At that point, they will receive an email with a link, and they can click that link, and then they go in there, they fill out all of their background information. They answer the questions, or they view our policies and procedures and they acknowledge, and accept, and they agree to create an account and become a registered patient on the practice.
At that point in time, if they are ready to schedule an appointment, there's a big button right in the center of the screen that says “request an appointment.” You click that button, and then you can see Dr. Marbas's schedule there, and you can look for an appointment block to get set up.
At this point, we're starting off with just half hour appointments, so they can just select that half hour block that works for them, and that sends a request to Dr. Marbas, to say this is the time I would like to see you, I'd like to make an appointment. There's a textbox there where they can enter some information about what they’re setting up the appointment for.
Then, Dr. Marbas will accept the request and confirm that they have an appointment. At that point in time, that starts the check-in process. And the check-in process is then when we start asking all the questions that we need to know like medical history, family history, there's a series of lifestyle questions. We've built in a lot of questionnaires to really collect a lot of the background information that Dr. Marbas is going to need to know in order to conduct their visit.
They can enter that information at any point in time between having their appointment confirmed, and when they're going to see their doctor. So, if their appointment is a couple of weeks away, they're welcome to go ahead and start working on that information, you know, as soon as possible. By the time the appointment all of that information should have been completed.
Then they really just go back, they log into their patient portal at the time of their appointment. They click the check-in button, and then they go into what's known as the virtual waiting room. Then that alerts Dr. Marbas and lets them know that a patient is there waiting to see her, and she can then start the visit from her side.
Once she starts to visit, they're connected just the way we are right now. I mean, they'll be able to see Dr. Marbas, Dr. Marbas will be able to see the patient. They can communicate, you know, just like we are, just by speaking with each other over the technology. There's also a text chat just in case something's not working with the audio or something like that, they can communicate back and forth that way.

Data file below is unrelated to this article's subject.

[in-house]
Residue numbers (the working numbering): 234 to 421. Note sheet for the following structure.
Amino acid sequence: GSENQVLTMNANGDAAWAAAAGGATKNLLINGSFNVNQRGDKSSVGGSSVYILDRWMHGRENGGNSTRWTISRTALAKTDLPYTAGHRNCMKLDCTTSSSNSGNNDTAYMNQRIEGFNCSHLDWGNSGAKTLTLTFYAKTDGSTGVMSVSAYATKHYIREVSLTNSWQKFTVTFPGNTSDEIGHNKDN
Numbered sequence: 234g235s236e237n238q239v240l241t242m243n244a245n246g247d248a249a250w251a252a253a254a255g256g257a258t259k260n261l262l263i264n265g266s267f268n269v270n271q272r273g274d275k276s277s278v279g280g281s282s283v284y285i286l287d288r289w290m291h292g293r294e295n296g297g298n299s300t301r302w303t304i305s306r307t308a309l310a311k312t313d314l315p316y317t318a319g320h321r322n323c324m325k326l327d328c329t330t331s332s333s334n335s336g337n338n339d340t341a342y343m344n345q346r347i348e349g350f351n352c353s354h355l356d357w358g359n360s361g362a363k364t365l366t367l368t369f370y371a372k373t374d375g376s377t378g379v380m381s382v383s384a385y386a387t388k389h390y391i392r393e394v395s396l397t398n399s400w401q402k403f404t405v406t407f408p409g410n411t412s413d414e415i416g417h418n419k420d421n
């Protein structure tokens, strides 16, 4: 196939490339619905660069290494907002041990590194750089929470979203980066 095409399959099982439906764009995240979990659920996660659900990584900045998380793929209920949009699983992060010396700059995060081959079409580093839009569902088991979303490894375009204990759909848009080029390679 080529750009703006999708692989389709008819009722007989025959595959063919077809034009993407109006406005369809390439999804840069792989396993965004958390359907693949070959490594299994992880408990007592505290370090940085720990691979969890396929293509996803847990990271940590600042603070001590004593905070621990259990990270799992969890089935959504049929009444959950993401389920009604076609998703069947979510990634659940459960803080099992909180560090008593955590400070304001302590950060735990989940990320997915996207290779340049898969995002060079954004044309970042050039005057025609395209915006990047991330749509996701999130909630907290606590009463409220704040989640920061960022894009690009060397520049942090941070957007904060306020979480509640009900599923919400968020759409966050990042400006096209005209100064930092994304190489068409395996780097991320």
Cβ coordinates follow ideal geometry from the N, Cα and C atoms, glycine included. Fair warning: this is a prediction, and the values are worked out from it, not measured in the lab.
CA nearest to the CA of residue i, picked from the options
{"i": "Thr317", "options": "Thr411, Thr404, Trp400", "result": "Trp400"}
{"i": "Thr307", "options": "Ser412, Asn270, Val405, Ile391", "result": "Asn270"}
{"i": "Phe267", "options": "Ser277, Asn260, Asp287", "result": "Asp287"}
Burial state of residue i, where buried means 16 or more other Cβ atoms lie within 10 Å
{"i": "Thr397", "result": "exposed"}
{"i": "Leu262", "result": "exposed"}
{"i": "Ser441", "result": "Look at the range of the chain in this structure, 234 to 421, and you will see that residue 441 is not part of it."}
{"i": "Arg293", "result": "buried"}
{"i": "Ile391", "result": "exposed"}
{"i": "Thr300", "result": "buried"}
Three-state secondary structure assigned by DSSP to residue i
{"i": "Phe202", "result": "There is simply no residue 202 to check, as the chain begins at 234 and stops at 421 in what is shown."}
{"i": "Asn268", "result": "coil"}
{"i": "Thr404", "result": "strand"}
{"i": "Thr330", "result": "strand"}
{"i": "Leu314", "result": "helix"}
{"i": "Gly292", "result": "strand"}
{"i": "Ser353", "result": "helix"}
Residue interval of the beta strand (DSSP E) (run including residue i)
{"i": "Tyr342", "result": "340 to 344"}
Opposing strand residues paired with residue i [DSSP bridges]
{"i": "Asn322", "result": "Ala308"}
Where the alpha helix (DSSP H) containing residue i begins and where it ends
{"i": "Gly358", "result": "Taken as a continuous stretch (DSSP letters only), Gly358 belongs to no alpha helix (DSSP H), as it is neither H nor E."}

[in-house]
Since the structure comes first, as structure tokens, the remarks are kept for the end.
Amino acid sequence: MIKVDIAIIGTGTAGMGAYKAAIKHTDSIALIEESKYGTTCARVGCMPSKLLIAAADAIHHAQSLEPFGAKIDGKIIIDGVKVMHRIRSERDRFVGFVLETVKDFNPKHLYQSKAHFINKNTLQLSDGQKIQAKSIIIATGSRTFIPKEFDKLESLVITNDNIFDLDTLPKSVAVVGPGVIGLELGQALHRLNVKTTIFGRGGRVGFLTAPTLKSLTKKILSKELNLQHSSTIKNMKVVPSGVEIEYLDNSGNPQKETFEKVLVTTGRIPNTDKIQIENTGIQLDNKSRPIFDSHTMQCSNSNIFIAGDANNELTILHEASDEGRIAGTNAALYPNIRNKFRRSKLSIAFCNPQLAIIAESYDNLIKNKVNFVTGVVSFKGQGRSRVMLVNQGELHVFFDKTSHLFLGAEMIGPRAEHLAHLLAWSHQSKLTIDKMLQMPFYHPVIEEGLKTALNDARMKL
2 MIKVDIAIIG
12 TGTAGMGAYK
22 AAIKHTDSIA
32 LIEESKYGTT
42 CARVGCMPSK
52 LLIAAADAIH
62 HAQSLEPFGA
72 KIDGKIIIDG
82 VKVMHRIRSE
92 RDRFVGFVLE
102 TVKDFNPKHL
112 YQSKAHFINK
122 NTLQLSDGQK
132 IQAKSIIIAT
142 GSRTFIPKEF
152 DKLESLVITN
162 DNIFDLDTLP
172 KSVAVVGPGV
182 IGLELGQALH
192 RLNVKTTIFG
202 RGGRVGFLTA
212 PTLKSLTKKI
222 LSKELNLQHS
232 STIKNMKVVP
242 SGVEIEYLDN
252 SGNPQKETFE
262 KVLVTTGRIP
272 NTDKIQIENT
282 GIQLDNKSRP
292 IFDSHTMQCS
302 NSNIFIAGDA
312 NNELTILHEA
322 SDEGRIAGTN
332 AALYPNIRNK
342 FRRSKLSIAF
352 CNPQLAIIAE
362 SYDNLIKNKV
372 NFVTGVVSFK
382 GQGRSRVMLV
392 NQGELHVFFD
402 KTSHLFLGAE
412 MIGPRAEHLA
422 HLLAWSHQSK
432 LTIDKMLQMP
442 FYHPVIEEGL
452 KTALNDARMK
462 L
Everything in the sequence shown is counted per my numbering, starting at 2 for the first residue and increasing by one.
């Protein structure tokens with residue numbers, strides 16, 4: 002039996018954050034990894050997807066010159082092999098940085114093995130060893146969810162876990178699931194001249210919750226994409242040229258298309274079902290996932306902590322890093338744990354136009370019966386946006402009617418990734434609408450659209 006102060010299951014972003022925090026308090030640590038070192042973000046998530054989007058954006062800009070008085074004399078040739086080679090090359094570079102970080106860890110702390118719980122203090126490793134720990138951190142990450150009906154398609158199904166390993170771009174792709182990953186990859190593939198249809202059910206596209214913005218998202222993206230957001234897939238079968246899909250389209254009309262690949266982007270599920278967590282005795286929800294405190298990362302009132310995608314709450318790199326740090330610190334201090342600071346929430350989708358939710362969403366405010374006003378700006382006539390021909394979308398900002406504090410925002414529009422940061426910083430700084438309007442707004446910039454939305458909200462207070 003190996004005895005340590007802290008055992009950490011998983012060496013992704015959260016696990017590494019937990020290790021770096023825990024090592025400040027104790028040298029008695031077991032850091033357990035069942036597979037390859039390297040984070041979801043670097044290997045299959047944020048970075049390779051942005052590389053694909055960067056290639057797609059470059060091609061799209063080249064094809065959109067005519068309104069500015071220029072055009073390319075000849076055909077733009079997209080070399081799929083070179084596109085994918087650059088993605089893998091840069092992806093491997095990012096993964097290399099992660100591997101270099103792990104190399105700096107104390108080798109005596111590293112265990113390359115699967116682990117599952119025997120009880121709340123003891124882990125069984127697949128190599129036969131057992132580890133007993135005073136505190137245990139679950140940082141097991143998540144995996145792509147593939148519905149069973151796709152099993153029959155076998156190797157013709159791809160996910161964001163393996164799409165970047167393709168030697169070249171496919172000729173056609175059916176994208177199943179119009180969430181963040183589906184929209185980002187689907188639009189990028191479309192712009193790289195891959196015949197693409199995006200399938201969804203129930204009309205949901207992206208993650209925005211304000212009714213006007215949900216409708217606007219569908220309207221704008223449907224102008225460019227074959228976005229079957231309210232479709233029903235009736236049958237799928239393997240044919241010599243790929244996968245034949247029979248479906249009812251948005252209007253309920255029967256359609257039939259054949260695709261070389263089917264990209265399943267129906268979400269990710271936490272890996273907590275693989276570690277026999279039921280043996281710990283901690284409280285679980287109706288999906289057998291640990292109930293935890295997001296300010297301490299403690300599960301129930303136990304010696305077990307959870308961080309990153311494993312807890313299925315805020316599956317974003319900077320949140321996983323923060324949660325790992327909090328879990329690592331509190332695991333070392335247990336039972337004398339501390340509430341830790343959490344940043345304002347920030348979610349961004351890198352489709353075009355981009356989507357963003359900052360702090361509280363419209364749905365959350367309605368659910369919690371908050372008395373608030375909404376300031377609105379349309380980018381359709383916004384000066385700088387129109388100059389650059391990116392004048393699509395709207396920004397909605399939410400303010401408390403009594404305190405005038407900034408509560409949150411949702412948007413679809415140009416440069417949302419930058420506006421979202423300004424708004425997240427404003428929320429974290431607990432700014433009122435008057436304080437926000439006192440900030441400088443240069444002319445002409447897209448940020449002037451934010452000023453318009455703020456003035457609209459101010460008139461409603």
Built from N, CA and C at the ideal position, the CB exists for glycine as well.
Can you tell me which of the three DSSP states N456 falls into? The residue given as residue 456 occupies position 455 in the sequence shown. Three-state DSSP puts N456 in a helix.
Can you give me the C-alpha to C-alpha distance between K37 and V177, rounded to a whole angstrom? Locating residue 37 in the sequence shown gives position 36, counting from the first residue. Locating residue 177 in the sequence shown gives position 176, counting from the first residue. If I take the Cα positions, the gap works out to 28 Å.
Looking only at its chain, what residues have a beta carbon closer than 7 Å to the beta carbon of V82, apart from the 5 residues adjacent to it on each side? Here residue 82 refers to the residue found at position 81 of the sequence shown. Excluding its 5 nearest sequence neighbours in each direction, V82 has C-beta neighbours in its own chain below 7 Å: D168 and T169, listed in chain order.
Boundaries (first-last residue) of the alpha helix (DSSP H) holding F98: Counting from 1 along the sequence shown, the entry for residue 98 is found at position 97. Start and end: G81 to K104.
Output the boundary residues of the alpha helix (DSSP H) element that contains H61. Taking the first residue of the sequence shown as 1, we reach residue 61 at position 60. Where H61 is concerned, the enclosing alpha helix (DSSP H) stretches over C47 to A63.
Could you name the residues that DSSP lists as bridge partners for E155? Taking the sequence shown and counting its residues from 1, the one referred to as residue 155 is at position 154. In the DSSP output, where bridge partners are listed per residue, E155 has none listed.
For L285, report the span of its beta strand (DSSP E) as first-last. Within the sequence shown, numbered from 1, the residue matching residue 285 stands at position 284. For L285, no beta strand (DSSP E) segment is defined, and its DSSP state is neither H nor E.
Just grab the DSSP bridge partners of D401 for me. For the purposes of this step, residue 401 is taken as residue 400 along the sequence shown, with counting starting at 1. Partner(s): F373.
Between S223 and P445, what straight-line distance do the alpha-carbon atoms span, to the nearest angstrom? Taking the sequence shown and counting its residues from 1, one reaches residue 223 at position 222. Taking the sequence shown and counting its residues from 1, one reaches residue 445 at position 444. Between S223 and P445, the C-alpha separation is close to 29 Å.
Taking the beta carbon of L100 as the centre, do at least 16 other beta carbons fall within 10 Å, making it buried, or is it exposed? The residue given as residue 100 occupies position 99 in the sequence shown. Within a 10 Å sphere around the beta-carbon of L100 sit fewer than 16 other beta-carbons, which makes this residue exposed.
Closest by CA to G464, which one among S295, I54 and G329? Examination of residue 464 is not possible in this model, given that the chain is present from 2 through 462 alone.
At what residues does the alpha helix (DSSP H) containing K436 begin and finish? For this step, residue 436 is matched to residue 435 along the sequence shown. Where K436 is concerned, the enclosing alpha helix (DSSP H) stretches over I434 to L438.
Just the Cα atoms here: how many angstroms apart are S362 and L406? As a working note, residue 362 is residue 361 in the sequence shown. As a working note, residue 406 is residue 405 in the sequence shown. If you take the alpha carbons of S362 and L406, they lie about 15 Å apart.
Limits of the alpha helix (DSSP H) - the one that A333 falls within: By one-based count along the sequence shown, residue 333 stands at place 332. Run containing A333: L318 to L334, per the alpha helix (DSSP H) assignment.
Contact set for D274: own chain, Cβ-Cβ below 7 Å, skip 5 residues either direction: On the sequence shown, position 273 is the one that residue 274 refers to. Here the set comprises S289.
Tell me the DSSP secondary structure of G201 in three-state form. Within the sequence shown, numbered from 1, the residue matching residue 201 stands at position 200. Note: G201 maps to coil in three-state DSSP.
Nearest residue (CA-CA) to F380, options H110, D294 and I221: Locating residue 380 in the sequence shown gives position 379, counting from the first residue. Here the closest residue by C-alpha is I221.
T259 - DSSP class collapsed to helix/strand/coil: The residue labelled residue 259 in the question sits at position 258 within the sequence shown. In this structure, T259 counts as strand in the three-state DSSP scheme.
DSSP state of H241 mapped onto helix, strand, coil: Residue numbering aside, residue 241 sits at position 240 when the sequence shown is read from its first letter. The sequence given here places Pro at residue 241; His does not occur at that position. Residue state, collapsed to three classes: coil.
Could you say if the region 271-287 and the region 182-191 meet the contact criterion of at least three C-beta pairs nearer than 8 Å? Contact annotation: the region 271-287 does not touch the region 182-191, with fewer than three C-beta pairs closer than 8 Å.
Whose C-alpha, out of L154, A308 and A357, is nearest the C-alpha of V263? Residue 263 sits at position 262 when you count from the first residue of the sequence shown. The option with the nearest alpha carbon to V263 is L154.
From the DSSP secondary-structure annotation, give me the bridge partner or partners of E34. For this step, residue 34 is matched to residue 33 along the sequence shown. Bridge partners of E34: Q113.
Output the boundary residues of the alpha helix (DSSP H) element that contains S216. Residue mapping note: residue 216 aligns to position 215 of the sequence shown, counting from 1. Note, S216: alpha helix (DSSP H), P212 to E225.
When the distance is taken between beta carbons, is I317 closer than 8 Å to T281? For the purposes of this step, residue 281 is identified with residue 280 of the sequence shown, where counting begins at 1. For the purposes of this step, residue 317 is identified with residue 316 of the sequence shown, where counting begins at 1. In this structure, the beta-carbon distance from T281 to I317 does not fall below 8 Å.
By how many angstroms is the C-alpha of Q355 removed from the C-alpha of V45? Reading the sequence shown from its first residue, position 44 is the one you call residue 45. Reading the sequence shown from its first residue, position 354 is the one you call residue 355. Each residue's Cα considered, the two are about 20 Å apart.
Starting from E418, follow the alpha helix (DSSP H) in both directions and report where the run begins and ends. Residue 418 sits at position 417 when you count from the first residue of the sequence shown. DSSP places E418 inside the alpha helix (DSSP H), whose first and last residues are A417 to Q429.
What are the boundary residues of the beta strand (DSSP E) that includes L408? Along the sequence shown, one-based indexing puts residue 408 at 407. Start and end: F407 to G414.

And then Dr. Marbas conducts a medical visit, similarly to how she would if a patient was coming in and seeing her in an office, only that it's virtual, the patient doesn't have to travel in order to see her.
Robby Barbaro, MPH: And this can be done on basically any device. It can be a phone, a tablet, a computer.
Anthony Masiello: Exactly. Yeah, it works on any device.
Robby Barbaro, MPH: You don't have to be in front of a desktop or anything.
Anthony Masiello: The one requirement, and we keep saying this over, and over, because telemedicine is pretty new, is that the patient has to be physically located in a state where Dr. Marbas is licensed to practice medicine at the time of the visit.
So, it really mirrors, and this is kind of how new the telemedicine laws and all of this really is, it really mirrors the same way where I'm located in New Jersey right now. I live in New Jersey, but I can drive to Pennsylvania, and I can see a doctor who's licensed to practice medicine in Pennsylvania. Or I can drive to New York City to see a specialist, right? Who's licensed to see patients in New York City.